Monday, June 04, 2007

Do we want another self-anointed CEO president?

The Times has a good article about Mitt Romney's career at Bain, the prestigious investment bank. The article implicitly questions Romney's claims that his business experience makes him a good candidate for president. Romney's business was the business of equity maximization where he exhibited not the skills of a traditional businessman--budgeting and attentive management--but the skills of an investment banker--salesmanship and presentation. Private sector candidates have a tendency to sell themselves as embodying every quality of a sharp businessman, but there are sharp businessmen in different industries, and the skills of a candidate like Romney should not be sold as the skills of a Bill Gates or Andrew Carnegie. Whether Romney's investment bank skillset are the prime qualities we want in a president is a question worth asking, one that should preclude his being labelled a businessman in the traditional sense, especially when his career has made him accustomed to fighting for the corporate good (profits)--

But Mr. Romney’s Bain career — a source of money and contacts that he has used to finance his Massachusetts campaigns and to leap ahead of his presidential rivals in early fund-raising — also exposes him to criticism that he enriched himself excessively, sometimes by cutting jobs to increase profits.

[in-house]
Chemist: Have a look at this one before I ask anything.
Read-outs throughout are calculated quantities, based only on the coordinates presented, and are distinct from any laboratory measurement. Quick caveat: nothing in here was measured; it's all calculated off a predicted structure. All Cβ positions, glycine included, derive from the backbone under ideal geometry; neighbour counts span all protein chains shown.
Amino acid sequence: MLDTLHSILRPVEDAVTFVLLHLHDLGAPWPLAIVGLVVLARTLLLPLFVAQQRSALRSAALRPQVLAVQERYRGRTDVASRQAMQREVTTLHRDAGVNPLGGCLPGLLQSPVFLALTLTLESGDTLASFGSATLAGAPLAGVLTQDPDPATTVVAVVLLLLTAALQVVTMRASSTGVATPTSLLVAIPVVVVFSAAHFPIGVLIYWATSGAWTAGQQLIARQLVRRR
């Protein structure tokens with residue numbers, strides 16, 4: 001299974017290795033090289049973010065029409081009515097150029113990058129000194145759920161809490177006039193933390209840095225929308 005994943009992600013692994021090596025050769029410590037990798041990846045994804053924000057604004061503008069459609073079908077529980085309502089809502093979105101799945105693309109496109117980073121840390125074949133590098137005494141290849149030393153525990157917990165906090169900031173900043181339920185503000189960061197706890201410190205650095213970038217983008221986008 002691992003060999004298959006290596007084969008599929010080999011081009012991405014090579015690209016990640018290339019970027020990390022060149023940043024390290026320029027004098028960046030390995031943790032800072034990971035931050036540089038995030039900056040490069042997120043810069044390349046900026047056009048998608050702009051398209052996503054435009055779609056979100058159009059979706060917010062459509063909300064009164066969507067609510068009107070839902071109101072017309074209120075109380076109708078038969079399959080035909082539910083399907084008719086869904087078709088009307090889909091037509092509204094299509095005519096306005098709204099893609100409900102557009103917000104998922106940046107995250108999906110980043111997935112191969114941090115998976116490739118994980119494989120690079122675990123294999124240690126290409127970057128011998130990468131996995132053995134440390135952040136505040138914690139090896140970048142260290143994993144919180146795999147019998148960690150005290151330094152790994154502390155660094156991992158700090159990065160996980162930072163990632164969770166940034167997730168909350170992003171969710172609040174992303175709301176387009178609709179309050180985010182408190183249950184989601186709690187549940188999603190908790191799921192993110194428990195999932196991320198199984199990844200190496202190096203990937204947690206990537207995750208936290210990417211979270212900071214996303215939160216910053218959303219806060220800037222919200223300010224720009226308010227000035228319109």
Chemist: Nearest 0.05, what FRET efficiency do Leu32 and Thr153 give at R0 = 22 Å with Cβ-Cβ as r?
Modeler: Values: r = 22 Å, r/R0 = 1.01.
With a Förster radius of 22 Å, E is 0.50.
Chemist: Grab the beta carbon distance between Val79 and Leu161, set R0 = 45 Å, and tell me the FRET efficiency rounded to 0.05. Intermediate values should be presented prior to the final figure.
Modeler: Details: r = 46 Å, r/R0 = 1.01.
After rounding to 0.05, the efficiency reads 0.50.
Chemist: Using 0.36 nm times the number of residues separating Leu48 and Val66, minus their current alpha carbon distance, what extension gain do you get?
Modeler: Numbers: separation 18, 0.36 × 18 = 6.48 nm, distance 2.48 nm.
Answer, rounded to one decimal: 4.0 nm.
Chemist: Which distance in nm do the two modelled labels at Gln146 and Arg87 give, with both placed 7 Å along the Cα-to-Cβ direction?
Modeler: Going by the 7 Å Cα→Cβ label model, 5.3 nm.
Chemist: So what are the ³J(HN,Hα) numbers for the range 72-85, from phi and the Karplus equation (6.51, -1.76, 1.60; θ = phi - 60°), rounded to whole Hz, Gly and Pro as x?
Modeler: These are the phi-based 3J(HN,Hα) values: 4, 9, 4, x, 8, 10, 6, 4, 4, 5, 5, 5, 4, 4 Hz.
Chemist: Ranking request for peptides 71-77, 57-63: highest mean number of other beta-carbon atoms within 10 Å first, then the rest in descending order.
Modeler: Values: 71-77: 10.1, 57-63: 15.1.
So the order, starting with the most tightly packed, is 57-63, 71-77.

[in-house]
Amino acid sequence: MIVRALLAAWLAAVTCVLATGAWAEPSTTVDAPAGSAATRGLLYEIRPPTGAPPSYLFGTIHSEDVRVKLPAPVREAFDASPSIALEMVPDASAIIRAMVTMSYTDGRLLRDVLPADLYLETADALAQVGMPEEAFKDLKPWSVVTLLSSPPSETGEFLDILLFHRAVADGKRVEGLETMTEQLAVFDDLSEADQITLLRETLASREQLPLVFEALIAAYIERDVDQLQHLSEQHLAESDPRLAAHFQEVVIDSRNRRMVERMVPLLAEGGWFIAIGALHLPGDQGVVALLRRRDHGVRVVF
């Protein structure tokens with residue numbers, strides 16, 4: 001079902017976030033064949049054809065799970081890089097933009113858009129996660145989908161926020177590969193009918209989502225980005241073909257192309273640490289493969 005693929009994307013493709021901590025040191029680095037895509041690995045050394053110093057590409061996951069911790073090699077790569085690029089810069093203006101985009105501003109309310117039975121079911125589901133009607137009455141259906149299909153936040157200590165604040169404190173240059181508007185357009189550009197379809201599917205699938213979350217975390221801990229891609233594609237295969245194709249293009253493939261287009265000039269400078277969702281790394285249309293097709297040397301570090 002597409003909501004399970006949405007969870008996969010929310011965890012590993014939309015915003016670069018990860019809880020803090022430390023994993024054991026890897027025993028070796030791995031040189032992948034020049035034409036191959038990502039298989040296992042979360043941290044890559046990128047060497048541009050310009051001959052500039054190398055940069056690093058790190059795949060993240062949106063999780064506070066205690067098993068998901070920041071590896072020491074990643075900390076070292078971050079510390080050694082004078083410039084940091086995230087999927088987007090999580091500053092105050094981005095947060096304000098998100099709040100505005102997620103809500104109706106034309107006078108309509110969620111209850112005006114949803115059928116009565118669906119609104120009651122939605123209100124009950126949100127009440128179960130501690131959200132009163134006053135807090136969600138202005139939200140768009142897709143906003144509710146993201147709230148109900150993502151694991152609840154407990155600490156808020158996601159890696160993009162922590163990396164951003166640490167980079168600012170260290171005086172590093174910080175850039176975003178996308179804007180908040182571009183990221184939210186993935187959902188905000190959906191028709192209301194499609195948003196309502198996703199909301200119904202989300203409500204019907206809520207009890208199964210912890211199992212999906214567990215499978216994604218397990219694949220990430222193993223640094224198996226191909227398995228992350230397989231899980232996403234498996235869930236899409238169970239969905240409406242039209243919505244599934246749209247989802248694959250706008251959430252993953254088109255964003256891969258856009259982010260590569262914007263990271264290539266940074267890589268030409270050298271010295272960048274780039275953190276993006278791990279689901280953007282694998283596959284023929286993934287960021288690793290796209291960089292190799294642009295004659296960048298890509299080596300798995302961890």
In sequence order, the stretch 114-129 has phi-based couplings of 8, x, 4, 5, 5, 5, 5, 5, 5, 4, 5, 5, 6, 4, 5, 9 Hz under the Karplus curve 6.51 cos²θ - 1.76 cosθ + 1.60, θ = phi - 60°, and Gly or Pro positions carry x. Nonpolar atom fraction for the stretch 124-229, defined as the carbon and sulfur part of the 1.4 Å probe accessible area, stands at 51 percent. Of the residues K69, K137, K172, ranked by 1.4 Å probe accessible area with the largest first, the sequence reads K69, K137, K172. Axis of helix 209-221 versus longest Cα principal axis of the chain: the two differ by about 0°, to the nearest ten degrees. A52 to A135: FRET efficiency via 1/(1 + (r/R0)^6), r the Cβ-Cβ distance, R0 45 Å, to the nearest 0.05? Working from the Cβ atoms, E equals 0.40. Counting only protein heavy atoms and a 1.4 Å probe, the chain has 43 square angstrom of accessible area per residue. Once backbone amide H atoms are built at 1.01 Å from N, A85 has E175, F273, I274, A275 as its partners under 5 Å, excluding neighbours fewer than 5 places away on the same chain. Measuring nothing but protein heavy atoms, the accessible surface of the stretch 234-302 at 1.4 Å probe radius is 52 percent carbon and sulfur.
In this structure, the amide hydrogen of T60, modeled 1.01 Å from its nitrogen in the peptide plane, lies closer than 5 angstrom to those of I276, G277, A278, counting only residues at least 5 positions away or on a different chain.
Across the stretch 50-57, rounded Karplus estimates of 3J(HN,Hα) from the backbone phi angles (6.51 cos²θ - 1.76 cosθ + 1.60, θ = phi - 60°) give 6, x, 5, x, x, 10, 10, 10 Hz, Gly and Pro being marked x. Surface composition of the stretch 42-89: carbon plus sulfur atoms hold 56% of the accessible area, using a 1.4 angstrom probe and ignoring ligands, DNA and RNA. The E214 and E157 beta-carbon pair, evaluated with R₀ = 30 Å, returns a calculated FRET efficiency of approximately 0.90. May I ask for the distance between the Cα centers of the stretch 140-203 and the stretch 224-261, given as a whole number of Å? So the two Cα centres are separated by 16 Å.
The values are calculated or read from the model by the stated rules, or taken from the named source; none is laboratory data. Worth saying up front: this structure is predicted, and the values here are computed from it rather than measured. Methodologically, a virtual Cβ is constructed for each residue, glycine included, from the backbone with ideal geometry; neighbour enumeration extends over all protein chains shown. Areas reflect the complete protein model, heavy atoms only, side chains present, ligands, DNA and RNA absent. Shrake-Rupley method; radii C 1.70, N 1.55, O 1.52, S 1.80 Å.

He made his money mainly through leveraged buyouts — essentially, mortgaging companies to take them over in the hope of reselling them at big profits in just a few years. It is a bare-knuckle form of investing that is in the spotlight because of the exploding profits of buyout giants like Bain, Blackstone and the Carlyle Group. In Washington, Congress is considering ending a legal quirk that lets fund managers escape much of the income tax on their earnings.

--and not for the public good.


Michael Blaine said...

We know that Bush (II) took office billing himself as America's "first MBA president." I think the results speak for themselves. That certain voters tend to believe private sector experience translates well into officeholding in the public sector bespeaks an ignorance of how the two spheres fundamentally differ, as your post suggests. There is a reason that business and government are conducted under different labels; they serve different purposes, and the public expects (or should expect) different results from each.

Elaine said...

Well put, Michael, and thanks for loyally reading my blog!